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Book: Aging Well: Surprising Guideposts to a Happier Life from the Landmark Study of Adult Development

by Eric Barker

There’s a lot of good advice on how to be happier or more productive or how to have better relationships. But tips on how to improve your whole life — something that will last decades and experience countless unpredictable changes — those should be regarded with extreme skepticism.

The only way to really get some good insights would be to follow a lot of people for their entire lives and see what actually works. Luckily, somebody did…

The Study of Adult Development combined three massive longitudinal studies — research projects that followed people from youth until old age — to figure out what makes a good life.

With almost a century of data on nearly 1000 people, there are plenty of insights. We’ll cover 6 big ones that can get you on your path to awesomeness.

From the book Aging Well: Surprising Guideposts to a Happier Life from the Landmark Study of Adult Development:

Sum Up
This is how to make your life awesome:

  • Avoid smoking and alcohol: Duh.

  • Years of education = good: Education seems to increase good habits (and being surrounded by smart, ambitious people never hurts).

  • Have a happy childhood: It’s huge. And surrounding yourself later in life with people who love you can help repair a difficult youth.

  • Relationships are everything: “Happiness is love. Full stop.”

  • Mature coping skills: Stop projecting and stop being passive-aggressive. Use mature defenses like humor when life gets hard. (Yes, immature humor is still mature coping. You’re welcome.)

  • Generativity: Build a good life, a well-rounded self and then give back.

George Vaillant spent so long interviewing people who were receiving Social Security checks that by the time he finished, he was receiving them, too.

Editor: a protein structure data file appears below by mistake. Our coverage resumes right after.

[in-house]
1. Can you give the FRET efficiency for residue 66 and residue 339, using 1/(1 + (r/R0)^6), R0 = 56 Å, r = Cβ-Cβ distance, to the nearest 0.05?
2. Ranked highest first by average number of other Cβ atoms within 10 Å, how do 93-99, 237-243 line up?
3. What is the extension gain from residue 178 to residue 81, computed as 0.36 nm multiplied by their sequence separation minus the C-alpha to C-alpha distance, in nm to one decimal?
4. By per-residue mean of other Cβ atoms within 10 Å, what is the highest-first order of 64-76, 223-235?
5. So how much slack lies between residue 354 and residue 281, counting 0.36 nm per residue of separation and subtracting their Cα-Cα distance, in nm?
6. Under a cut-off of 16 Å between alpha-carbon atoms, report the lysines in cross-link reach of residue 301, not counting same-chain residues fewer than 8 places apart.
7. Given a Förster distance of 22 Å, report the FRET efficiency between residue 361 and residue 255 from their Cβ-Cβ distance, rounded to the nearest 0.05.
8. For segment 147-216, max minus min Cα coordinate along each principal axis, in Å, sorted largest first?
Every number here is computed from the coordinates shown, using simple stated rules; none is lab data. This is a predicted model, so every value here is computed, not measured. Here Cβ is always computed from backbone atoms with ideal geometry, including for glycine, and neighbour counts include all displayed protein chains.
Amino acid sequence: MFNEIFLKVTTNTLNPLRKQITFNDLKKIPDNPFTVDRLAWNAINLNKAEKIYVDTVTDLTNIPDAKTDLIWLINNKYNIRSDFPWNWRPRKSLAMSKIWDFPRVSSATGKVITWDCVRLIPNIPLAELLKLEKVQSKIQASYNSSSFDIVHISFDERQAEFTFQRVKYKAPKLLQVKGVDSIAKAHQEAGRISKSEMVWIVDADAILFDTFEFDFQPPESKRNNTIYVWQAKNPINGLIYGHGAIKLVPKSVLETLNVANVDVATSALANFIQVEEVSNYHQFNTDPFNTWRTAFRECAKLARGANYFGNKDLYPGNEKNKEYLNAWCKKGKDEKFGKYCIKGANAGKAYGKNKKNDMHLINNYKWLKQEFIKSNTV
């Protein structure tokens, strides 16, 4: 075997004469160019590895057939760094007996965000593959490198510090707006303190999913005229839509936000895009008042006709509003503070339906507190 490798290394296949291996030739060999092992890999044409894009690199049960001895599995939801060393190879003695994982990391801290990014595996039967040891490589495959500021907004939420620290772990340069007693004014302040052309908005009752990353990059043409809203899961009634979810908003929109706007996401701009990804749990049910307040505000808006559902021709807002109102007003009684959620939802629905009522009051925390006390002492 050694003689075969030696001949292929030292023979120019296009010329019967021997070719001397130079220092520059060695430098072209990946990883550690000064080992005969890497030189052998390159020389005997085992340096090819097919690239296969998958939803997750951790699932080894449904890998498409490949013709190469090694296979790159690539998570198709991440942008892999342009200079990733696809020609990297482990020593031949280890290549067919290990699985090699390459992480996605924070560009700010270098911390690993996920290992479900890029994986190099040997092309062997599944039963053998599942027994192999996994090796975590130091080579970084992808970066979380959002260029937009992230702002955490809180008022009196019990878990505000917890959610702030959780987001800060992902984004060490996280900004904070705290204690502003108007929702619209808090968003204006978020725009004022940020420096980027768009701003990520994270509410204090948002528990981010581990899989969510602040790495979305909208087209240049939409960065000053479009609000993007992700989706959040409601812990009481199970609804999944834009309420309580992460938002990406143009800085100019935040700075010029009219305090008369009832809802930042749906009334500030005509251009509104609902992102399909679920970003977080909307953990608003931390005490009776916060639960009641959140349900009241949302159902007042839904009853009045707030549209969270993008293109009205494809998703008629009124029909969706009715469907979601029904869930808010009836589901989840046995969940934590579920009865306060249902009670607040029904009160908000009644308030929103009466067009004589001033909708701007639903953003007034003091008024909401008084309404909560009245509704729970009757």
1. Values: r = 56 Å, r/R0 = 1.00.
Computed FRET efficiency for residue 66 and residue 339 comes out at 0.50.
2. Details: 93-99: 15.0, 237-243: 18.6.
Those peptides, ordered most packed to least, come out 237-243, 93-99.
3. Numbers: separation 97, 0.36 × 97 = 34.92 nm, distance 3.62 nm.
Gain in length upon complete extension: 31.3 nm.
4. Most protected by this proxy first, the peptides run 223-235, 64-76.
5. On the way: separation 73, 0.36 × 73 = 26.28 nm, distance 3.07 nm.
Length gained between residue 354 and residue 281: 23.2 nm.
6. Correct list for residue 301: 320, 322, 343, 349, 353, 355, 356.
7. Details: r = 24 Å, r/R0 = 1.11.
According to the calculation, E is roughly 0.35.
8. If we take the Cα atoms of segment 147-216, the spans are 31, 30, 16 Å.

His father had been an archaeologist, an arena that he had no interest in. But looking around at the stacks and stacks of reports covering literally thousands of years of people’s lives, he realized, in a way, he’d become an archaeologist too.

His book contains a startling number of insights into what does (and decidedly does not) create a good life. We covered the big ones. So what would happen if you could tell good ol’ George your personal score on the above six recommendations?

On average, he’d be able to predict your health and happiness for the next thirty years.

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The Study of Adult Development is a rarity in medicine, for quite deliberately it set out to study the lives of the well, not the sick. In so doing it has integrated three cohorts of elderly men and women—all of whom have been studied continuously for six to eight decades. First, there is a sample of 268 socially advantaged Harvard graduates born about 1920— the longest prospective study of physical and mental health in the world. Second, there is a sample of 456 socially disadvantaged Inner City men born about 1930—the longest prospective study of “blue collar” adult development in the world. Third, there is a sample of 90 middle-class, intellectually gifted women born about 1910—the longest prospective study of women’s development in the world… Like the proverbial half loaf of bread, these studies are not perfect; but for the present they are, arguably, the best lifelong studies of adult development in the world.

George Vaillant is a professor at Harvard Medical School and led the study for over 30 years. His book is Aging Well: Surprising Guideposts to a Happier Life from the Landmark Study of Adult Development: